Dr. Kurt Campbell was appointed Chief Executive Officer of the Center for a New American Security (CNAS) in January 2007. He concurrently serves as Director of the Aspen Strategy Group and the Chairman of the Editorial Board of the Washington Quarterly, and is the Founder and Principal of StratAsia, a strategic advisory company focused on Asia. Prior to co-founding CNAS, he served as Senior Vice President, Director of the International Security Program, and the Henry A. Kissinger Chair in National Security Policy at the Center for Strategic and International Studies. Previously, Dr. Campbell served in several capacities in government, including as Deputy Assistant Secretary of Defense for Asia and the Pacific, Director on the National Security Council Staff, Deputy Special Counselor to the President for NAFTA, and as a White House fellow at the Department of the Treasury. He was also associate professor of public policy and international relations at the John F. Kennedy School of Government and Assistant Director of the Center for Science and International Affairs at Harvard University. Dr. Campbell has received the Department of Defense Medals for Distinguished Public Service and for Outstanding Public Service. He serves on several boards, including Aegis Capital, the Woods Hole Oceanographic Institution, the U.S.-Australian Leadership Dialogue, the Reves Center at the College of William and Mary, STS Technologies, Civitas, the 9-11 Pentagon Memorial Fund, and New Media Strategies.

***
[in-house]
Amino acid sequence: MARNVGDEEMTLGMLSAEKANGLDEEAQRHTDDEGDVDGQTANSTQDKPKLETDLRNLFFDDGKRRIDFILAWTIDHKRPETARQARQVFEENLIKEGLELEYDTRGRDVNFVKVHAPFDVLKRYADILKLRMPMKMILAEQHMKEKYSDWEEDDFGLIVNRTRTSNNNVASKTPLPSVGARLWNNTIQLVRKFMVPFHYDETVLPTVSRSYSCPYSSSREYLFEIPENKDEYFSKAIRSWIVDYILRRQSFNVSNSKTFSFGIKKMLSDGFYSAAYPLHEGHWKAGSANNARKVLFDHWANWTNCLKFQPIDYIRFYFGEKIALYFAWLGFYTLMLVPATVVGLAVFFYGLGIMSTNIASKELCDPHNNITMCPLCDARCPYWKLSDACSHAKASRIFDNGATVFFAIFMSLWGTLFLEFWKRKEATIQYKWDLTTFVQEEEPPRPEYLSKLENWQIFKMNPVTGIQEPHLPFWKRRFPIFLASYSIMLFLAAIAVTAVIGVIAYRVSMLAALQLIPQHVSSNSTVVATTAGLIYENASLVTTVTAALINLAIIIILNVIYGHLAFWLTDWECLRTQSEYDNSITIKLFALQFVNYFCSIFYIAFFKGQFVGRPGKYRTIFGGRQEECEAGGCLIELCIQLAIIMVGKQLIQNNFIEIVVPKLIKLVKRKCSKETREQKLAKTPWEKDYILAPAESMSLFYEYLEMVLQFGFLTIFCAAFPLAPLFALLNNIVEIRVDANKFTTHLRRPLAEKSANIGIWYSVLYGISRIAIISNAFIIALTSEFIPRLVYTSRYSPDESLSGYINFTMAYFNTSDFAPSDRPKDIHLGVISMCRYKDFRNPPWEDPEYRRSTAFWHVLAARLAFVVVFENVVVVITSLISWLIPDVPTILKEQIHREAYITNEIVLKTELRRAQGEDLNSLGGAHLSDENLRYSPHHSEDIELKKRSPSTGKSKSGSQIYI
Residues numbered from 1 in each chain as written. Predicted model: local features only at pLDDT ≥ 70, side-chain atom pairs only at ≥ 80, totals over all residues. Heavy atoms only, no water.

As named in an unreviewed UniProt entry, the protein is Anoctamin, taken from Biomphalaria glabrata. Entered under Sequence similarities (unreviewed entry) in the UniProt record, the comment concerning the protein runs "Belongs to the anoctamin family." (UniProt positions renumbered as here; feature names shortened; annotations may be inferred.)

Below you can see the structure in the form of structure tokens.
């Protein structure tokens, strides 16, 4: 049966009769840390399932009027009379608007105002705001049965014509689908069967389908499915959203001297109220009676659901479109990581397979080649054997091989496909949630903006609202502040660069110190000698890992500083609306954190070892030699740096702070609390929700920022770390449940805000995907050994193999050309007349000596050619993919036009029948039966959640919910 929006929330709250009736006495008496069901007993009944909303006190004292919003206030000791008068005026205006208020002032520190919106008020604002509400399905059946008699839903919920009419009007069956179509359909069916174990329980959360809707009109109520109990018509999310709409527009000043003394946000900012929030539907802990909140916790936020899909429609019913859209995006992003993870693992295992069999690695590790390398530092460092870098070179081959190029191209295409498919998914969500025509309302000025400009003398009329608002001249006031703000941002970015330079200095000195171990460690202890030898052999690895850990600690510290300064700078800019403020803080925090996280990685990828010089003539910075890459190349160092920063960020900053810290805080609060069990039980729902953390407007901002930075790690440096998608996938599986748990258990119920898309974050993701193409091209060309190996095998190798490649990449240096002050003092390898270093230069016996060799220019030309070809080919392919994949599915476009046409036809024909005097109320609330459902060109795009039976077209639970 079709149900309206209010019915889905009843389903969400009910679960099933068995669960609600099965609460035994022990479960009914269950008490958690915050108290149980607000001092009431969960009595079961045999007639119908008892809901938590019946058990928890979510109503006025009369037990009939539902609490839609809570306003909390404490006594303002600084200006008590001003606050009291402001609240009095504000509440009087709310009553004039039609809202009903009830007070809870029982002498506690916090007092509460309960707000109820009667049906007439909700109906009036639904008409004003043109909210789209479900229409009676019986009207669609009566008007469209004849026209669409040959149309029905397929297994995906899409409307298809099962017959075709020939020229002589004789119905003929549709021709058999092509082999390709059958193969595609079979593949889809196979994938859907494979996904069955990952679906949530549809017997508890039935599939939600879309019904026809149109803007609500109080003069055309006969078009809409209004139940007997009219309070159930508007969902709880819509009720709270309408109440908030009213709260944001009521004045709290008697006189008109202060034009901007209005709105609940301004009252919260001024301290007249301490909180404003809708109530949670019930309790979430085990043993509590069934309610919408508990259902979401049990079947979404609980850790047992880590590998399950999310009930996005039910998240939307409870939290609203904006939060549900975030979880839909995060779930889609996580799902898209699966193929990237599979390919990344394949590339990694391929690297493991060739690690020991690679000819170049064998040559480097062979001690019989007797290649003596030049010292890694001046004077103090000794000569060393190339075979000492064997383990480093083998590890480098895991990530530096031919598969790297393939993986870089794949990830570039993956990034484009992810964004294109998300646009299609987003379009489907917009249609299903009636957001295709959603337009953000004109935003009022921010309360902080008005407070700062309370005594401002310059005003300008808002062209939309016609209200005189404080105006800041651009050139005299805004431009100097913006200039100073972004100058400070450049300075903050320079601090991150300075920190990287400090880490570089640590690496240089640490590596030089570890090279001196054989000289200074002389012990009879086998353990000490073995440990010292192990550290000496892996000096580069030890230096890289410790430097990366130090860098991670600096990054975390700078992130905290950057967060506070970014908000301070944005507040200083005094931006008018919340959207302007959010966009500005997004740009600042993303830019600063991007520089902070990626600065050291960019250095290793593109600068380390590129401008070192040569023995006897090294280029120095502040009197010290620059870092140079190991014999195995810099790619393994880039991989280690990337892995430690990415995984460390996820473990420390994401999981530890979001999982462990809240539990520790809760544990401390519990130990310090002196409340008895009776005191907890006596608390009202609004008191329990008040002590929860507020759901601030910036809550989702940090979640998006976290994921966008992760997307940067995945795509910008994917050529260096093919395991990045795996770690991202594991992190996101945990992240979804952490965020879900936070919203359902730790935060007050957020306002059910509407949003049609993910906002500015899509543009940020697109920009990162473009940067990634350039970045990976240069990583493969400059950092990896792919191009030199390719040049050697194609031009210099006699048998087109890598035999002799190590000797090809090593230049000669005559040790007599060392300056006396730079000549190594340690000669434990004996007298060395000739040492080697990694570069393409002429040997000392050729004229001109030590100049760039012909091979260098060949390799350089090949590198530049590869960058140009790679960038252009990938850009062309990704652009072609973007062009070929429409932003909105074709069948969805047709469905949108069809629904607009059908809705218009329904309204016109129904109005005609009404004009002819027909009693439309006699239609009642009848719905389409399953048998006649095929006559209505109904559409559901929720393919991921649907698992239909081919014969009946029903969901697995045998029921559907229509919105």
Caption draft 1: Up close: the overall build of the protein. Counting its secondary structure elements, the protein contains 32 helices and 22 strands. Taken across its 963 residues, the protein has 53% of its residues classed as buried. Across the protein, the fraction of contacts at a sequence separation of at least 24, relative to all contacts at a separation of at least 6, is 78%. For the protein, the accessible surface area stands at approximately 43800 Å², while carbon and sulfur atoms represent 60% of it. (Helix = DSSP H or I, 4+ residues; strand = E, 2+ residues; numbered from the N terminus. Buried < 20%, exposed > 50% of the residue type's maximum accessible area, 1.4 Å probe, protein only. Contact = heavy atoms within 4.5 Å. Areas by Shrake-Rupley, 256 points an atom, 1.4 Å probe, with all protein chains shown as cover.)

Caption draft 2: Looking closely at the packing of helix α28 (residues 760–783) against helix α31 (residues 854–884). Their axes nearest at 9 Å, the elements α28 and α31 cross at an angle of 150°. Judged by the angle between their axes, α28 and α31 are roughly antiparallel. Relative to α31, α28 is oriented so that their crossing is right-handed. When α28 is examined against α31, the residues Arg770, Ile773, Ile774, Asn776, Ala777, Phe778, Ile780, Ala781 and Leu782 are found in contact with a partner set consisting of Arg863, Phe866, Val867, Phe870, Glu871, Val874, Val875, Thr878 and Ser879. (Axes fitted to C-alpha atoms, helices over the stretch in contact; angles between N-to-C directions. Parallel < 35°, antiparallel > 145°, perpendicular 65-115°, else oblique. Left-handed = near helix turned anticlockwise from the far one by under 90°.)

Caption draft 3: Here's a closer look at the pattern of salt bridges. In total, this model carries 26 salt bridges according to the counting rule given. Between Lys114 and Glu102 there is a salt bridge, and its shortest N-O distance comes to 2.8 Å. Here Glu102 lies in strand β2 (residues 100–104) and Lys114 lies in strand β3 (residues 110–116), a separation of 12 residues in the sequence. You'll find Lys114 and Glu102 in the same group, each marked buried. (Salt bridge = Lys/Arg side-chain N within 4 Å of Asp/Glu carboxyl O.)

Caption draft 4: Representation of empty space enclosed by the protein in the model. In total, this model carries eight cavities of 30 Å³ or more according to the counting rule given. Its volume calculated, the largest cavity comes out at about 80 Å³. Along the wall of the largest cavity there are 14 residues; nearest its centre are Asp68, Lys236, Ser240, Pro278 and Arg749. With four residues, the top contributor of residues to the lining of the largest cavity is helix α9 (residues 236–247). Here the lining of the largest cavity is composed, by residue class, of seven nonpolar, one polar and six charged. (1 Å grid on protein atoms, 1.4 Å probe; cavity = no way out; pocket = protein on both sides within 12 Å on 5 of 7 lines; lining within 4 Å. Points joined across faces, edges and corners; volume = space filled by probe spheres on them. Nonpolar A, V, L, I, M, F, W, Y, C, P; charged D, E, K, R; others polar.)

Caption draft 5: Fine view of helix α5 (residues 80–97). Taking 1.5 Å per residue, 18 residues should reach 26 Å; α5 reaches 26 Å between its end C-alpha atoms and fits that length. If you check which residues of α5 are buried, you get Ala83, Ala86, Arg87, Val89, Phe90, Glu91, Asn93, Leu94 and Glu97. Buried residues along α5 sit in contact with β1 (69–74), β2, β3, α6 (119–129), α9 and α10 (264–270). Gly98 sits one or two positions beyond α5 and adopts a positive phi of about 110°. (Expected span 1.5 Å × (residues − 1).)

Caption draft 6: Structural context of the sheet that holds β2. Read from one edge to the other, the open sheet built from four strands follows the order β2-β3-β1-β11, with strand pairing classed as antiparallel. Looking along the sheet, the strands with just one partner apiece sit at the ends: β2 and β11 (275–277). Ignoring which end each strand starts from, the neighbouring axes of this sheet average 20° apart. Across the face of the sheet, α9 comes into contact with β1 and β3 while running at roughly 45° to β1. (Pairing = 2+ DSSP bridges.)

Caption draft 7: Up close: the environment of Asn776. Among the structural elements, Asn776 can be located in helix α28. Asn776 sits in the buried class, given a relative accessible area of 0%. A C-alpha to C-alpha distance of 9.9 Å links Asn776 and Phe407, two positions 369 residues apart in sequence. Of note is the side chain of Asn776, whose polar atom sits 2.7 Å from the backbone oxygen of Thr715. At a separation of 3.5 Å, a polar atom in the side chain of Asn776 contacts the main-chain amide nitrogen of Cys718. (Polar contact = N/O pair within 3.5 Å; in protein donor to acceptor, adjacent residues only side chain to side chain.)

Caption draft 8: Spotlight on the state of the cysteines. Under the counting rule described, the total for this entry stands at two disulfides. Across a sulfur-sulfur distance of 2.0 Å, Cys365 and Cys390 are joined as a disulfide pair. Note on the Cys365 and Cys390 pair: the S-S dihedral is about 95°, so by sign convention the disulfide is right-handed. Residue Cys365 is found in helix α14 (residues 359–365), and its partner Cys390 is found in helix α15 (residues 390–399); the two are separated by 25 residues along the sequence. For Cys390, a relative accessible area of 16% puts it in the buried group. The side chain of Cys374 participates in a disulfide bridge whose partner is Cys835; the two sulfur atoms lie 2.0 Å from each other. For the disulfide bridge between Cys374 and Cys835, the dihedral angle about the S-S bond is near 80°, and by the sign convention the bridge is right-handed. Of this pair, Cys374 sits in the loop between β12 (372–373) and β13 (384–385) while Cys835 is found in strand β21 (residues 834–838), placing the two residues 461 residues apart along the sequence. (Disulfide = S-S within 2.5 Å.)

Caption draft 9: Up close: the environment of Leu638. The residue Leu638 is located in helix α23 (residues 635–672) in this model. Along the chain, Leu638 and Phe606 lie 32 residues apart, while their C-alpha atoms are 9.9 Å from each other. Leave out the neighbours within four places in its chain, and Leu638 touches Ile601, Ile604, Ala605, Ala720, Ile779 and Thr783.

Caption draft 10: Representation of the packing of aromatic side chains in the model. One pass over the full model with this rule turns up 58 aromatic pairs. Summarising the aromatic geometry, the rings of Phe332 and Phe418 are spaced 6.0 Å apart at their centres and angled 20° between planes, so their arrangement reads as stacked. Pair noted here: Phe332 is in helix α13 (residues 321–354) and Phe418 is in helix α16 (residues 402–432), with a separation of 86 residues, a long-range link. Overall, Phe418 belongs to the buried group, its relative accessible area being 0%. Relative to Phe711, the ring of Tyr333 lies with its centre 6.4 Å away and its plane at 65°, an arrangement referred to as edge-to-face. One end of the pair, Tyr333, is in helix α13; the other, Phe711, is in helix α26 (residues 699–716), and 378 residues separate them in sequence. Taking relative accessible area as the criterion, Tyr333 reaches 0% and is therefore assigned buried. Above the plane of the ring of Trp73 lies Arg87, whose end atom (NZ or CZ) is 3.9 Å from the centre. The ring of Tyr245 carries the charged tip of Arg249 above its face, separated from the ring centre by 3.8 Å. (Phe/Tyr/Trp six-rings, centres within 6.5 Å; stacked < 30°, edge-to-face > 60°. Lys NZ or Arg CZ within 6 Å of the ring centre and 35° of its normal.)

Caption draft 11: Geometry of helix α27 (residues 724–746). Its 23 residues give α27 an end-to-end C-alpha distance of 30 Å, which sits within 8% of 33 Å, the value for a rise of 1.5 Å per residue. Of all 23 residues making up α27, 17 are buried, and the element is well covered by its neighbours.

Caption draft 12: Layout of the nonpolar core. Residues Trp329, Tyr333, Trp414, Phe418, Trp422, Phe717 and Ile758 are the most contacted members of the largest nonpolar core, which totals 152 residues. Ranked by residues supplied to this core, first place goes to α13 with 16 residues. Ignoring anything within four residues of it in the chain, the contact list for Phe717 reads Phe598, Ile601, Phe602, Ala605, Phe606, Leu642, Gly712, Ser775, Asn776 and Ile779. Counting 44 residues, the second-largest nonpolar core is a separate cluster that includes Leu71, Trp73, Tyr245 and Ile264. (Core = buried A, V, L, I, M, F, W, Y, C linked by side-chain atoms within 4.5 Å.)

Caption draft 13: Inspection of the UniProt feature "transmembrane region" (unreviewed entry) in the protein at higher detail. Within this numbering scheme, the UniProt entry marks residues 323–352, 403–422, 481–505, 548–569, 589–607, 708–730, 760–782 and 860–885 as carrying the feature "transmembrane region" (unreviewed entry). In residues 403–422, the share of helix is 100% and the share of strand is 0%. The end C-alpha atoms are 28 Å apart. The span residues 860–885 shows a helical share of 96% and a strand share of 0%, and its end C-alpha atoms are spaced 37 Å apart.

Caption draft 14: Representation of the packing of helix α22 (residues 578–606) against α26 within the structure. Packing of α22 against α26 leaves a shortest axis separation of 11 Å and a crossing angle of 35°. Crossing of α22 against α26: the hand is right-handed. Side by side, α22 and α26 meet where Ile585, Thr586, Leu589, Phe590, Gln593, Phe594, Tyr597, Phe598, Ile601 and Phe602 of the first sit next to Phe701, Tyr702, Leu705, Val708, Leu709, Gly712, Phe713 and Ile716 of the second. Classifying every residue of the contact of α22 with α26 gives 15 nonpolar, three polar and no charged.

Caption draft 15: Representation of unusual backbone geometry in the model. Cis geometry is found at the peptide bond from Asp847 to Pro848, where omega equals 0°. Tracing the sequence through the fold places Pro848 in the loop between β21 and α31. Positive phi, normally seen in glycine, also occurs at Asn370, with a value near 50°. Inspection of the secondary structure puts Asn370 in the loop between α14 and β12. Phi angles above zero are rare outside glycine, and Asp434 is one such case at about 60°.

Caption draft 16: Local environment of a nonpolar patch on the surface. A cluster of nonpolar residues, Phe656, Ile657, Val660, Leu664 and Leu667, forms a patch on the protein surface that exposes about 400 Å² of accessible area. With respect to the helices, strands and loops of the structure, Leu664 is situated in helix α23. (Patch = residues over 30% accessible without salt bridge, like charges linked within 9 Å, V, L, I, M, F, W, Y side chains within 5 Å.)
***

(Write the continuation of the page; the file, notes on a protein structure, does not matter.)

Dr. Campbell is a member of the Council on Foreign Relations, the Wasatch Group, and the International Institute for Strategic Studies. Dr. Campbell is coauthor of Hard Power: The New Politics of National Security, principal author of To Prevail: An American Strategy for the Campaign against Terrorism (CSIS, 2001), coeditor of The Nuclear Tipping Point (Brookings, 2004), the author or editor of several other books, and has contributed extensively to journals, magazines, and newspapers. He has also been a contributing writer to The New York Times, a frequent on-air contributor to NPR's All Things Considered and a consultant to ABC News. He served as an officer in the U.S. Navy on the Joint Chiefs of Staff and in the Chief of Naval Operations Special Intelligence Unit. He received a B.A. from the University of California, San Diego, a certificate in music and politics from the University of Erevan in the Soviet Union, and a doctorate in international relations from Oxford University as a Marshall scholar.